Travel.State.Gov > Legal Resources > Judicial Assistance Country Information > Colombia Judicial Assistance Information
DISCLAIMER: THE INFORMATION IS PROVIDED FOR GENERAL INFORMATION ONLY AND MAY NOT BE TOTALLY ACCURATE IN A SPECIFIC CASE. QUESTIONS INVOLVING INTERPRETATION OF SPECIFIC FOREIGN LAWS SHOULD BE ADDRESSED TO THE APPROPRIATE FOREIGN AUTHORITIES OR FOREIGN COUNSEL.
Physical Address: Calle 24 Bis No. 48-50, Bogotá, D.C., Colombia
Mailing address: Carrera 45 No. 24B-27, Bogotá, D.C. 110111, Colombia
Telephone: +(57) (1) 275-2000
Emergency after-hours telephone: +(57) (1) 275-4021
U.S. Consular Agency - Barranquilla
Calle 77B No. 57-141, Suite 511
Centro Empresarial Las Americas 1, Barranquilla, Atlántico, Colombia
Telephone: +(57) (5) 353-2001
Emergency after-hours telephone: +(57) (1) 275-4021
For hours and services, please visit the U.S. Embassy Bogota website.
Colombia is a party to the Hague Convention on the Service Abroad of Judicial and Extra Judicial Documents in Civil and Commercial Matters. Complete information on the operation of the Convention, including an interactive online request form are available on the Hague Conference website. Requests should be completed in duplicate and submitted with two sets of the documents to be served, and translations, directly to The Colombia’s Central Authority for the Hague Service Convention. The person in the United States executing the request form should be either an attorney or clerk of court. The applicant should include the titles attorney at law or clerk of court on the identity and address of applicant and signature/stamp fields. Colombia did not object to Article 10(a) of the Convention and does permit service via postal channels. For additional information see the Hague Service Convention web page and the Hague Conference Practical Handbook on the Operation of the Hague Service Convention.
The United States and Colombia are also parties to the Inter-American Convention on Letters Rogatory and Additional Protocol. The United States only has a treaty relationship with countries party to both the Convention and the Additional Protocol, which relate to service of process. The U.S. Central Authority for the treaty is the U.S. Department of Justice, Civil Division, Office of Foreign Litigation, Washington, D.C. Requests for service under the Inter-American Convention on Letters Rogatory and Additional Protocol may be sent to the U.S. Department of Justice's contractor, Process Forwarding International (PFI), for transmittal to the Colombian Central Authority.
Service on a Foreign State: See also our Service Under the Foreign Sovereign Immunities Act (FSIA) feature and FSIA Checklist for questions about service on a foreign state, agency or instrumentality.
Prosecution Requests: U.S. federal or state prosecutors should also contact the Office of International Affairs, Criminal Division, Department of Justice for guidance.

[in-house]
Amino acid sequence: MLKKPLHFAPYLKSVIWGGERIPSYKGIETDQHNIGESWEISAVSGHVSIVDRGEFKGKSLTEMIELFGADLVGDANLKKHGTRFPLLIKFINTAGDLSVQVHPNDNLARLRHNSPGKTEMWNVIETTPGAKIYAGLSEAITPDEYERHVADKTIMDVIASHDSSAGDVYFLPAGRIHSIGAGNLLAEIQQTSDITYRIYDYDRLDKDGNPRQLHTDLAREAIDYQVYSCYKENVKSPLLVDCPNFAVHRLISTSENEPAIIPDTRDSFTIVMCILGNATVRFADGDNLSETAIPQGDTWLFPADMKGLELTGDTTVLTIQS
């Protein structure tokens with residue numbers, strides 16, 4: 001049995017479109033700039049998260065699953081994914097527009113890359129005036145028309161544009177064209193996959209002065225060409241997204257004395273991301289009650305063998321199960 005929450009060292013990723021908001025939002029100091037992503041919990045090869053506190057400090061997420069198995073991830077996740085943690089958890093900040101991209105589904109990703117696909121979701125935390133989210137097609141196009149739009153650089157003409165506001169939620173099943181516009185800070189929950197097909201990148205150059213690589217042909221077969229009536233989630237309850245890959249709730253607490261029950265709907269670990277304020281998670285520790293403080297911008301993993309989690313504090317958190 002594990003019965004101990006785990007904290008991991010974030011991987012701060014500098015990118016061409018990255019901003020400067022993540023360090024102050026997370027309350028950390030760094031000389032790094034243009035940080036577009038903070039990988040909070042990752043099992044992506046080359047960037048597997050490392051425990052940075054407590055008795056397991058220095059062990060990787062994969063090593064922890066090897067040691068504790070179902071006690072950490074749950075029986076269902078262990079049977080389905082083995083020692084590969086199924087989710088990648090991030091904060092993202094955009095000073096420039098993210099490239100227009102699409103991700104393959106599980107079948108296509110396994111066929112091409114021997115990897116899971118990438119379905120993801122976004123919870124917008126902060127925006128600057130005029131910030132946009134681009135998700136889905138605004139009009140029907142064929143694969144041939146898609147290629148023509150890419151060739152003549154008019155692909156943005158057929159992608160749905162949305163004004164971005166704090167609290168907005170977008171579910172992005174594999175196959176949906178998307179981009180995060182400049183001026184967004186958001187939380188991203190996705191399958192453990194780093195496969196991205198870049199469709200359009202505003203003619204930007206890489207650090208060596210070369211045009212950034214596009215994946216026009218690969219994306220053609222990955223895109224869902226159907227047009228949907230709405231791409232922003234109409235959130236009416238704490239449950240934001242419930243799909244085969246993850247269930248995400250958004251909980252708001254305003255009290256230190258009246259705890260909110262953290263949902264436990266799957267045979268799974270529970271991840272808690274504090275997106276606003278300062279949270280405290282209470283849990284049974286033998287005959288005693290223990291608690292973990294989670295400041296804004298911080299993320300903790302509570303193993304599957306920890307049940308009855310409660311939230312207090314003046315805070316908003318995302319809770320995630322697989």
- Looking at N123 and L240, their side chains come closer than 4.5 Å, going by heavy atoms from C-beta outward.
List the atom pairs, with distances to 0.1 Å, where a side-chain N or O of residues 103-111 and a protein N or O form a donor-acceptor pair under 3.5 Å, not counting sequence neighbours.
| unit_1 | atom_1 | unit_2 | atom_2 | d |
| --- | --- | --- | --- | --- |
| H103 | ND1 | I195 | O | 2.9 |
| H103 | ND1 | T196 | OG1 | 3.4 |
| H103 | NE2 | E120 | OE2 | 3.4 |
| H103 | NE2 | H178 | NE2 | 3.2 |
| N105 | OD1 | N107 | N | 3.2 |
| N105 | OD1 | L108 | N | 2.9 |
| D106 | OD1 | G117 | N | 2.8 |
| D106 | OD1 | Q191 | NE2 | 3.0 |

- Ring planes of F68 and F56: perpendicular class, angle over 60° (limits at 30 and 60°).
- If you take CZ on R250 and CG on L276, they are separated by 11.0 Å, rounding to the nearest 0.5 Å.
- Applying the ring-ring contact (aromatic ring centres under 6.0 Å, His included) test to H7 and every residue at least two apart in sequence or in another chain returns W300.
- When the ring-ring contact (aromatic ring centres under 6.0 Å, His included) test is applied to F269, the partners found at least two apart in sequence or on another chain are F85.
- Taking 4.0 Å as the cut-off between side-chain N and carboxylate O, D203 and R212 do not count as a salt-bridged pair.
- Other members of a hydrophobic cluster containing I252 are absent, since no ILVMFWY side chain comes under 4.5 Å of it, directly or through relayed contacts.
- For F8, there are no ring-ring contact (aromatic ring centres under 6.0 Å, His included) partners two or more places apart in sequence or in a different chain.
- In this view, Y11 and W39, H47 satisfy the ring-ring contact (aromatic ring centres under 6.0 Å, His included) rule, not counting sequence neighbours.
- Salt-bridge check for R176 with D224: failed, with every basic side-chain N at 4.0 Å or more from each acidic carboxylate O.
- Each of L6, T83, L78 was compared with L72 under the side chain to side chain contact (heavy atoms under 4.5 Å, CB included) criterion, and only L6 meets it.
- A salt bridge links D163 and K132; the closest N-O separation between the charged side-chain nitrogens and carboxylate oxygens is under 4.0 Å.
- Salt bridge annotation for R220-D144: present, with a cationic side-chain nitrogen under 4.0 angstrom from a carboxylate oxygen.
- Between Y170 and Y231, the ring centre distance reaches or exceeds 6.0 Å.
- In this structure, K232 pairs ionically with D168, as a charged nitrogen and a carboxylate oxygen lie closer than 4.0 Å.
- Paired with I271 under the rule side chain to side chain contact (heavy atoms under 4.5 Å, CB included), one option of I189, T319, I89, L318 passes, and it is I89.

Defense Requests in Criminal Matters: Criminal defendants or their defense counsel seeking judicial assistance in obtaining evidence or in effecting service of documents abroad in connection with criminal matters may do so via the letters rogatory process.
Colombia is a party to the Hague Convention on the Taking of Evidence Abroad in Civil and Commercial Matters. A Central Authority for Colombia for the Hague Evidence Convention is designated to receive letters of request for the taking of evidence. See the Hague Evidence Convention Model Letters of Request for guidance on how to prepare a letter of request. Letters of Request should be prepared in duplicate. Requests for compulsion of evidence under the Hague Evidence Convention are transmitted directly from the requesting court or person in the United States to the Colombian Central Authority and do not require transmittal via diplomatic channels.
Requests from Colombia to Obtain Evidence in the United States: The U.S. Central Authority for the Hague Evidence Convention is the Office of International Judicial Assistance, Civil Division, Department of Justice, 1100 L Street N.W., Room 8102, Washington, D.C. 20530.
In its accession to the Hague Evidence Convention, Colombia did not object to voluntary depositions of willing witnesses in civil and commercial matters, regardless of the nationality of the witness. Oral depositions or depositions on written questions may be taken by U.S. consular officers or by private attorneys at the U.S. Embassy or at another location such as a hotel or office, either on notice or pursuant to a commission. If the services of a U.S. consular officer are required to administer an oath to the witness, interpreter and stenographer, such arrangements must be made in advance with the U.S. embassy directly.
Colombia is a party to the Hague Convention Abolishing the Requirement for Legalization of Foreign Public Documents. Colombia’s competent authority for the Hague Apostille Convention will authenticate Colombian public documents with Apostilles. For information about authenticating U.S. public documents for use in Colombia, see the list of U.S. Competent Authorities. To obtain an Apostille for a U.S. Consular Report of Birth Abroad of a Citizen of the United States of America, contact the U.S. Department of State, Passport Services, Vital Records Office.